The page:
Brain Injury Australia has been asked by the Victorian Government to provide a quote to “fund research into the prevalence of acquired brain injury among family violence victims and perpetrators” – Recommendation 171 of the Victorian Royal Commission into Family Violence. (“Prevalence” is the number of people in a given area at a specific time with a particular characteristic – in the case of this research, the current proportion of Victorian victims and perpetrators of family violence with a brain injury.) Brain Injury Australia has put together a consortium comprising Monash University, Domestic Violence Victoria, No To Violence (incorporating the Men’s Referral Service) and the Centre for Excellence in Child and Family Welfare.
Since the Royal Commission into Family Violence released its 1,900-page report with 227 recommendations in March 2016, Brain Injury Australia has had several meetings with the Victorian Department of Health and Human Services in pursuit of the implementation of Recommendation 171.
The impetus for this “Request for Quote” stems from Brain Injury Australia’s work on 2015’s national Brain Injury Awareness Week, devoted to women, traumatic brain injury and domestic and family violence. The Week attracted significant media, and other, attention built around the stories of two survivors – 25 year-old Rebecca Sciroli, bashed by her stepfather with a hammer (Rebecca’s artwork about the assault is pictured, above) and Toni Wright, an Aboriginal and Torres Strait Islander woman who sustained a severe brain injury at the hands of her daughter’s boyfriend during a four-hour siege at her home (see ABC TV’s “7:30 [Report]” here, and here).
In response to Toni Wright’s story (the hospitalisation rates among Aboriginal and Torres Strait Islander women for head injury due to assault are 70 times that of non-Indigenous women) a group of Aboriginal and Torres Strait Islander women from NSW’s Clarence Valley organised a NSW Aboriginal Women’s Summit – “Women Against Violence – Healing on Country…the Summit was organised in response…to the story of Toni an Aboriginal woman suffering from Acquired Brain Injury from a savage domestic violence incident. The NSW women demanded their voices be heard on the hidden issue of Aboriginal community domestic violence.” Out of the Summit, “The Djinders” was formed – to “seek partnerships with corporations, government and community groups to support the hidden victims of domestic violence and seek a safe and prosperous future for our women and children”. Brain Injury Australia is a founding member of The Djinders, alongside the Yula Punaal Aboriginal Education and Healing Centre, Grafton Ngerrie Aboriginal Lands Council, Mirring Aboriginal Corporation, Community Change Consultancy, Gladstone Studio Women’s Education and Wellbeing Project and the Gongan Consultancy. Read The Djinders’ “Vision Statement and Scoping Paper”, here.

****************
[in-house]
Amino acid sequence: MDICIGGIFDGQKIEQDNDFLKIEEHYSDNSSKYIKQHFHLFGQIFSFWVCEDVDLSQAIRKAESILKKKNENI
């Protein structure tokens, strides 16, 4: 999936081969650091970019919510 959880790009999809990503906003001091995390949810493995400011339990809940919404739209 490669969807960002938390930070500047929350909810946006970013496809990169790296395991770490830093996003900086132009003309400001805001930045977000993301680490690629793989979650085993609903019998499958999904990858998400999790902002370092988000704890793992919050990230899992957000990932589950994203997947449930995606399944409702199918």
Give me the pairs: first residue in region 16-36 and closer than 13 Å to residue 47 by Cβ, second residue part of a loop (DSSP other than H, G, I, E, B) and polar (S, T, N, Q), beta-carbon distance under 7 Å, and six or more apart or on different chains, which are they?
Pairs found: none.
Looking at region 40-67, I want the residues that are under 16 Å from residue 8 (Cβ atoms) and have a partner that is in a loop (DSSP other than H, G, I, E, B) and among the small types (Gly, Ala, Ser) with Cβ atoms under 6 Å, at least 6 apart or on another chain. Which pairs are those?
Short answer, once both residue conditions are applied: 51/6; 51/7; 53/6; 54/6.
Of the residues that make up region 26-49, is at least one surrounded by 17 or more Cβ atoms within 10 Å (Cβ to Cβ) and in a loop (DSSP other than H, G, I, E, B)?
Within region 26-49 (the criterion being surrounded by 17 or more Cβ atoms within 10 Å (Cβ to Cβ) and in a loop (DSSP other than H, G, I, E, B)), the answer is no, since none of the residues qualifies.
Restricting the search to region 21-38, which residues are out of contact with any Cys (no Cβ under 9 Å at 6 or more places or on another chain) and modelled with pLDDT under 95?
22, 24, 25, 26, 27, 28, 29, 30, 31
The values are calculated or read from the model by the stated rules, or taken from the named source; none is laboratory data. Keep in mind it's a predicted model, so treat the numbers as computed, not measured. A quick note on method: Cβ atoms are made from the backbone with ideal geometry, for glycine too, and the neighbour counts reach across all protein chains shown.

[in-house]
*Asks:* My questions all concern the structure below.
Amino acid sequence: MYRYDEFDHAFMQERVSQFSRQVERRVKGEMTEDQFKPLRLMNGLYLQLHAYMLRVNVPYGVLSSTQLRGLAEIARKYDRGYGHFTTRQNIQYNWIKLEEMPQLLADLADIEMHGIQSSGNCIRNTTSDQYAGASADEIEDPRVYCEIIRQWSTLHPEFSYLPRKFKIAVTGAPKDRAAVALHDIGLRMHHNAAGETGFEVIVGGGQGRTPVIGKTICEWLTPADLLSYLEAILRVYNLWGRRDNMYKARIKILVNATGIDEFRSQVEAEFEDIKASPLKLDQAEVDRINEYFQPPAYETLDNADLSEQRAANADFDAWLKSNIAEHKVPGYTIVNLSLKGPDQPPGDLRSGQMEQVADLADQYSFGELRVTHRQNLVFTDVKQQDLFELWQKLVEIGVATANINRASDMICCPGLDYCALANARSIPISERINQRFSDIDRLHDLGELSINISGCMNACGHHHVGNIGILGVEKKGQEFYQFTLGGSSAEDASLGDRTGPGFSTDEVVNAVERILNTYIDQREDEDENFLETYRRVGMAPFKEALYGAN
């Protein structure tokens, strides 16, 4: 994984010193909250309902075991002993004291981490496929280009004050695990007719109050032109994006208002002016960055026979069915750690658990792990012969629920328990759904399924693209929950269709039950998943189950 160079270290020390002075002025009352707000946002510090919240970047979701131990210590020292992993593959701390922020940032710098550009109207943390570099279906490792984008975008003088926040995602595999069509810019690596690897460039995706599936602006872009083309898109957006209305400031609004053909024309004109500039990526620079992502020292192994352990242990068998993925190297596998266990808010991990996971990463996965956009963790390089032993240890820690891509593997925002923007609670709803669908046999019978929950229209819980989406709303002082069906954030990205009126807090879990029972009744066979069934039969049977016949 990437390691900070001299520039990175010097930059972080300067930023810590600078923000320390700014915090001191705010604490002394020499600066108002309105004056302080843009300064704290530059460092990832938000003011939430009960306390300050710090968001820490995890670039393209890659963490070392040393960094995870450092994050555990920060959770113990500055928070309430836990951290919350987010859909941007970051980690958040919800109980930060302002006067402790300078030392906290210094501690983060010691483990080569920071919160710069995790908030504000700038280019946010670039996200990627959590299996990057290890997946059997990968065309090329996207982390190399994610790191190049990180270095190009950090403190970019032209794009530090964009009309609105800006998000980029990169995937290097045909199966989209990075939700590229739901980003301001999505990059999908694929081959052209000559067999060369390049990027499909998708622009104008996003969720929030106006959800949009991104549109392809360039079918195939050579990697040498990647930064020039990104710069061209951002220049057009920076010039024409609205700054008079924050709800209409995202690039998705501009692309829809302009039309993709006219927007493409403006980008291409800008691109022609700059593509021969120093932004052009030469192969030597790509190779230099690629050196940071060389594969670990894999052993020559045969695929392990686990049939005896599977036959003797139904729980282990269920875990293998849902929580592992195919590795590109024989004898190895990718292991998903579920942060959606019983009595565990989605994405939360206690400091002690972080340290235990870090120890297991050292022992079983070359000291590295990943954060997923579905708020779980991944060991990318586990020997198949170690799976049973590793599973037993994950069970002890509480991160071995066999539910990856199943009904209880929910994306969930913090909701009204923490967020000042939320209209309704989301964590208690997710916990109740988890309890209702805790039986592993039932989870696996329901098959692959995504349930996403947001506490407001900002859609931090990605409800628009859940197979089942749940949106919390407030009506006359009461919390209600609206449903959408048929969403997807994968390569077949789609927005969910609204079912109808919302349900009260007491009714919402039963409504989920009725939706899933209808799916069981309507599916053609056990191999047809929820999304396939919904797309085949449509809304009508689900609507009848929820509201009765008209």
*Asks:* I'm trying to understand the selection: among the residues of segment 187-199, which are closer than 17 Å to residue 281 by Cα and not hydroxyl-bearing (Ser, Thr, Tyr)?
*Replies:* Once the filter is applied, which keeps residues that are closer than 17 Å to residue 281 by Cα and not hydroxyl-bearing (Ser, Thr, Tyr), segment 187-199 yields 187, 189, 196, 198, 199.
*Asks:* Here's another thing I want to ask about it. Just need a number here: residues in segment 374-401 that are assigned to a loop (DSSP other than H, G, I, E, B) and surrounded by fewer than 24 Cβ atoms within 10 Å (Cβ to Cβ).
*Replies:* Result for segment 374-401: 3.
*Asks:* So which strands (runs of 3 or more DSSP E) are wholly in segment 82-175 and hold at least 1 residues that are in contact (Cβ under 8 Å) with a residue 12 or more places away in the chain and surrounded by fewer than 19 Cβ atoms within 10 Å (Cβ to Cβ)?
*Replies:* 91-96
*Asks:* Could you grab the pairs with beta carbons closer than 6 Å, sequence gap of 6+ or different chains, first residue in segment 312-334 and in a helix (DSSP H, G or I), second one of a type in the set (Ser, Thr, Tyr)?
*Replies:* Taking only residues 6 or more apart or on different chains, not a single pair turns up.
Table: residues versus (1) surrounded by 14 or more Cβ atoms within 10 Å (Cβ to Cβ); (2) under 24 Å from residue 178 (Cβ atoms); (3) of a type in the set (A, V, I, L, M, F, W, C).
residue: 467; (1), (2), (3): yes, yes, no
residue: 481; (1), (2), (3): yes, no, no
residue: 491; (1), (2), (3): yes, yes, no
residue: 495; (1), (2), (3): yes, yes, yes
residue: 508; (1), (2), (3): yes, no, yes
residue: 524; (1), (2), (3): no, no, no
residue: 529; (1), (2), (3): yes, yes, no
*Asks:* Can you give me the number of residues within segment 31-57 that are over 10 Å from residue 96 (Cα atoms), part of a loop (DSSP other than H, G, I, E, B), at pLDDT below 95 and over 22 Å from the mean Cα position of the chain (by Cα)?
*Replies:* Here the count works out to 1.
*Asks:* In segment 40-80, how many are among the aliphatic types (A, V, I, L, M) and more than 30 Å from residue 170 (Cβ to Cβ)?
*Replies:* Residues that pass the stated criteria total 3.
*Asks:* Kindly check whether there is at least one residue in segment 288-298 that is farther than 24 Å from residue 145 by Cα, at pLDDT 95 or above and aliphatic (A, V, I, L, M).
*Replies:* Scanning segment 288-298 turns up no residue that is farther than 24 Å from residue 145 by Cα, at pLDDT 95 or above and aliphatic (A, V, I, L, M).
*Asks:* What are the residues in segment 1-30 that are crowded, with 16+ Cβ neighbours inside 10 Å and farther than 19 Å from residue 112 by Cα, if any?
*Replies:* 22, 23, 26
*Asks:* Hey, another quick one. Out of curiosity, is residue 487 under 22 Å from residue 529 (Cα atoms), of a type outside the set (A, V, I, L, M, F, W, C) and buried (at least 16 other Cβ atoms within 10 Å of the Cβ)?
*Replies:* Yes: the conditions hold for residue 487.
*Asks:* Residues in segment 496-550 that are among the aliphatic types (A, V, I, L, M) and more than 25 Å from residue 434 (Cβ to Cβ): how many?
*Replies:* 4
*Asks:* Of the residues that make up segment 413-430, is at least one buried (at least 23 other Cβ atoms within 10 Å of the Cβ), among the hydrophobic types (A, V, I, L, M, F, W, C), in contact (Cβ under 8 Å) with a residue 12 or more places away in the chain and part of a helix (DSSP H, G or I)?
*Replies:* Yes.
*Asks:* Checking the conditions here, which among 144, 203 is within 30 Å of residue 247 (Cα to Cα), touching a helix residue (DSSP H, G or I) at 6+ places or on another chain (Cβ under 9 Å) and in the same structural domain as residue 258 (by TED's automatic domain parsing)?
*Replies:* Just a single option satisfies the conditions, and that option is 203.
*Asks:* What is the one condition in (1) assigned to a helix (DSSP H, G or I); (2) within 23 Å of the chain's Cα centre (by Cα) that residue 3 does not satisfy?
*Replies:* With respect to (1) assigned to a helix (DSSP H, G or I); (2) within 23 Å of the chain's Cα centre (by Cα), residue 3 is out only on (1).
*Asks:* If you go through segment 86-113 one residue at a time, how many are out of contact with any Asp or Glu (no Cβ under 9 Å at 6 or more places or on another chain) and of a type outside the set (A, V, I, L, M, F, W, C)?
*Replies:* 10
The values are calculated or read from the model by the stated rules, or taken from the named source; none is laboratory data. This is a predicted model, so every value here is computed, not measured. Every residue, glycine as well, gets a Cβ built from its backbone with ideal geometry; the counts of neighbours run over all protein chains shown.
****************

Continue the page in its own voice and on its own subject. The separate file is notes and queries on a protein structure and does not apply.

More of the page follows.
Also as a result of 2015’s Brain Injury Awareness Week, Brain Injury Australia was approached separately by the Manager of Aboriginal Strategy and Engagement NSW for the Australian Red Cross, to become a “foundational stakeholder” in The Studio Gladstone (alongside NSW Aboriginal Affairs’ OCHRE Plan, Kempsey Family Support Services Inc., and Mokea Pty Ltd); a “sustainable, safe and productive place for vulnerable women to heal through cultural practices as therapy, vocational education (art, fashion and creative design) small business development and social enterprise models”. The Studio “seeks to focus on women experiencing ramifications of domestic violence that impact individual capacity, health and wellbeing. NSW Aboriginal women have called for a service that focuses on women with Acquired Brain Injury (ABI).”
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